In formulating his theories Becker drew on the work of Søren Kierkegaard, Sigmund Freud, Wilhelm Reich, Norman O. Brown, Erich Fromm, Georg Wilhelm Friedrich Hegel, and especially Otto Rank. Becker came to believe that individual character is essentially formed around the process of denying one's own mortality, that this denial is a necessary component of functioning in the world, and that this character-armor masks and obscures genuine self-knowledge. Much of the evil in the world, he believed, was a consequence of this need to deny death.
Becker also wrote The Birth and Death of Meaning, which gets its title from the concept of mankind moving away from the simple-minded ape into a world of symbols and illusions, and then deconstructing those illusions through our own evolving intellect.
Becker's work, particularly as expressed in his later books, The Denial of Death and Escape from Evil, have had a significant impact on social psychology and the psychology of religion. Terror management theory, an important research programme in social psychology that has spawned over 200 published studies has turned Becker's views on the cultural influence of death anxiety into a scientific theory that helps to explain such diverse human phenomena as self-esteem, prejudice, and religion.
- 1961. Zen: A Rational Critique. New York: W. W. Norton.
- 1962. The Birth and Death of Meaning: An Interdisciplinary Perspective in Psychiatry and Anthropology (1st ed.). New York: The Free Press of Glencoe.
- 1964. Revolution in Psychiatry: The New Understanding of Man. New York: Free Press.
- 1967. Beyond Alienation: A Philosophy of Education for the Crisis of Democracy. New York: George Braziller.
- 1968. The Structure of Evil: An Essay on the Unification of the Science of Man. New York: George Braziller.
- 1969. Angel in Armor: A Post-Freudian Perspective on the Nature of Man. New York: George Braziller.
- This book is a collection of shorter essays, lectures, and reviews written between 1962 and 1968.
- 1971. The Lost Science of Man. New York: George Braziller.
- 1971. The Birth and Death of Meaning: An Interdisciplinary Perspective on the Problem of Man (2nd ed.). New York: Free Press.
- 1973. The Denial of Death. New York: Free Press.
- 1975. Escape from Evil. New York: Free Press.
- Keen, Sam (1974). "A conversation with Ernest Becker". Psychology Today: 71–80.
- Film's official website http://www.flightfromdeath.com
- Ernest Becker Foundation website http://www.ernestbecker.org
- Becker, Ernest (1962) The Birth and Death of Meaning: A Perspective in Psychiatry and Anthropology. New York: The Free Press of Glencoe. p. xiv.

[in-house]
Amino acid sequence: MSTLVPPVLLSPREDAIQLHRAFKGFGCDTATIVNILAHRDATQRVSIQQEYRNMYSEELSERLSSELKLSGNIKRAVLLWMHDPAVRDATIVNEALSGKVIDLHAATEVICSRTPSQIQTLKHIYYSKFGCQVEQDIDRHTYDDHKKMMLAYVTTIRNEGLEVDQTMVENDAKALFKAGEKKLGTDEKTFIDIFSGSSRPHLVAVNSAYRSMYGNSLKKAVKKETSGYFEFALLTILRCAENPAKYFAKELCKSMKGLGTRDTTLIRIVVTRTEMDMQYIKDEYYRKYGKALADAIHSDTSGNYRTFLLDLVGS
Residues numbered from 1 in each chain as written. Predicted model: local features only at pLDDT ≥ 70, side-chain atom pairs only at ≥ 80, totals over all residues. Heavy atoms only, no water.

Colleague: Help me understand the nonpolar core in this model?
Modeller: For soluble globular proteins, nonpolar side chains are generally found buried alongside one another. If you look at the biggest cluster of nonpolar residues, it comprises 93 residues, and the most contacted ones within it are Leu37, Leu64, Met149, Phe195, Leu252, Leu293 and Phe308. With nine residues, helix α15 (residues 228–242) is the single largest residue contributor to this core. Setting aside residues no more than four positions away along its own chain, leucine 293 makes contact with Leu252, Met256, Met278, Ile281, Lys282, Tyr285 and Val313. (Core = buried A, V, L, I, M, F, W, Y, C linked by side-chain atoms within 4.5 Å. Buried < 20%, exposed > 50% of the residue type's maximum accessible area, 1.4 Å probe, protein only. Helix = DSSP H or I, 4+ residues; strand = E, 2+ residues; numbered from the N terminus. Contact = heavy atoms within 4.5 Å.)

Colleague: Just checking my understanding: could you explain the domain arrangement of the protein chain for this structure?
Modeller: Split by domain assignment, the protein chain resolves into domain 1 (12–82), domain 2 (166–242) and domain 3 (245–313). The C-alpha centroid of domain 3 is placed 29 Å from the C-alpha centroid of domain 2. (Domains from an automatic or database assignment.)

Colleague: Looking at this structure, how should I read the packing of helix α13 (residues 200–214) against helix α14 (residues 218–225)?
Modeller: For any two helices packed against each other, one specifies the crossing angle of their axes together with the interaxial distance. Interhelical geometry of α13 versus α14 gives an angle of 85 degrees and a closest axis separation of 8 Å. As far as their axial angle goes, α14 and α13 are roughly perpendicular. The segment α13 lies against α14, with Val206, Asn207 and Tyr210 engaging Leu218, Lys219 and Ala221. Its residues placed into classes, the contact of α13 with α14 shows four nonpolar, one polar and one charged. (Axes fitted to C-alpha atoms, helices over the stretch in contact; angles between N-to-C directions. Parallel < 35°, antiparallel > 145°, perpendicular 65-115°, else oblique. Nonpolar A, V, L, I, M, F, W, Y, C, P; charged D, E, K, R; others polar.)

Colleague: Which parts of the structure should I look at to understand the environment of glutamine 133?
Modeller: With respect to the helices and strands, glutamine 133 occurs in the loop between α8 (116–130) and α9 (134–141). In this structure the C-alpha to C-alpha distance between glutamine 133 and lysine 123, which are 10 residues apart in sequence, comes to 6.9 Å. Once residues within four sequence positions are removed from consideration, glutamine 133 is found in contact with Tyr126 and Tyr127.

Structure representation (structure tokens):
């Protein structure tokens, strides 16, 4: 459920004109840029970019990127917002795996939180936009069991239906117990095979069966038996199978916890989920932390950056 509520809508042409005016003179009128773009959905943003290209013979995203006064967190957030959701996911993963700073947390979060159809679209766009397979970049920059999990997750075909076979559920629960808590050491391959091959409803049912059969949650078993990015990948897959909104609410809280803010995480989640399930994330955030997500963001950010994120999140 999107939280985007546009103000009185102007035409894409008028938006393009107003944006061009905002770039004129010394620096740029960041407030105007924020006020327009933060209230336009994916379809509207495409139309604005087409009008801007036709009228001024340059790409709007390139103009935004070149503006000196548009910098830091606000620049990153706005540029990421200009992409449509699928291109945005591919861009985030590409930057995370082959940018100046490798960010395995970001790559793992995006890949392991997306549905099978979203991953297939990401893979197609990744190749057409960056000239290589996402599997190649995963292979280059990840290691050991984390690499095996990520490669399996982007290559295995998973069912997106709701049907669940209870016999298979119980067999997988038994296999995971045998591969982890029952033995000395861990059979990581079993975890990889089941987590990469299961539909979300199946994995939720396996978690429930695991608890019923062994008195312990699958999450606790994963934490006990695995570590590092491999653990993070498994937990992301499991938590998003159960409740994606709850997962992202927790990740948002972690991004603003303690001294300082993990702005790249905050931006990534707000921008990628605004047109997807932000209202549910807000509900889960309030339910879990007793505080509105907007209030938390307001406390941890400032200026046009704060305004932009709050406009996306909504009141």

- Liechty, Daniel. 1995. Transference & Transcendence: Ernest Becker's Contribution to Psychotherapy. New Jersey: Jason Aronson. ISBN 1-56821-434-0.
- Becker, Ernest.  1985. Escape from Evil. New York: Free Press. ISBN 9780029024508.
- "Two decades of terror management theory: a meta-analysis of mortality salience research". Pers Soc Psychol Rev. 14 (2): 155–95. May 2010. doi:10.1177/1088868309352321. PMID 20097885.
- Greenberg, J.; Solomon, S.; Pyszczynski, T. (1997). "Terror Management Theory of Self-Esteem and Cultural Worldviews: Empirical Assessments and Conceptual Refinements". Advances in Experimental Social Psychology. 29. p. 61. doi:10.1016/S0065-2601(08)60016-7. ISBN 9780120152292.
- Jong, J. (2014). "Ernest Becker's Psychology of Religion Forty Years On: A View from Social Cognitive Psychology". Zygon. 49 (4): 875. doi:10.1111/zygo.12127.
Books on BeckerEdit
- Evans, Ron. 1992. The Creative Myth and the Cosmic Hero: Text and Context in Ernest Becker's 'The Denial of Death'. New York: Peter Lang.
- Kagen, Michael Alan. 1994. Educating Heroes: The Implications of Ernest Becker's Depth Psychology of Education for Philosophy of Education. Durango, CO: Hollowbrook Publishing.
- Kenel, Sally A. 1988. Mortal Gods: Ernest Becker and Fundamental Theology. Lanham, MD: University Press of America.
- Leifer, Ronald, 1976. “Becker, Ernest.” In The Encyclopedia of the Social Sciences 18. New York: Macmillan/Free Press.
- Liechty, Daniel, ed. 2005. The Ernest Becker Reader. University of Washington Press. ISBN 0-295-98470-8
- — 2002. Death and Denial: Interdisciplinary Perspectives on the Legacy of Ernest Becker. Praeger. ISBN 0-275-97420-0.
- Martin, Stephen W. 1997. Decomposing Modernity: Ernest Becker's Images of Humanity at the End of an Age. Lanham, MD: University Press of America.
- Streeter, J. 2009. Human Nature, Human Evil, and Religion: Ernest Becker and Christian Theology. Lanham, MD: University Press of America. ISBN 978-0-7618-4357-3.
Essays/articles on BeckerEdit
- Bates, Harvey. 1977. “Letters from Ernest.” Christian Century 9:217–27.
- Judis, John. 2007. “Death Grip.” The New Republic (August).
- Keen, Sam. 1974. “A Conversation with Ernest Becker.” Psychology Today (April):71–80.
- Liechty, Daniel. 2004 . "An Ernest Becker Bibliography." Zygon 33(1):87–90. doi:10.1111/0591-2385.1281998128.
- Martin, Jack. “Ernest Becker at Simon Fraser University (1969-1974)” Journal of Humanistic Psychology 54(1):66–112. doi:10.1177/0022167813479672.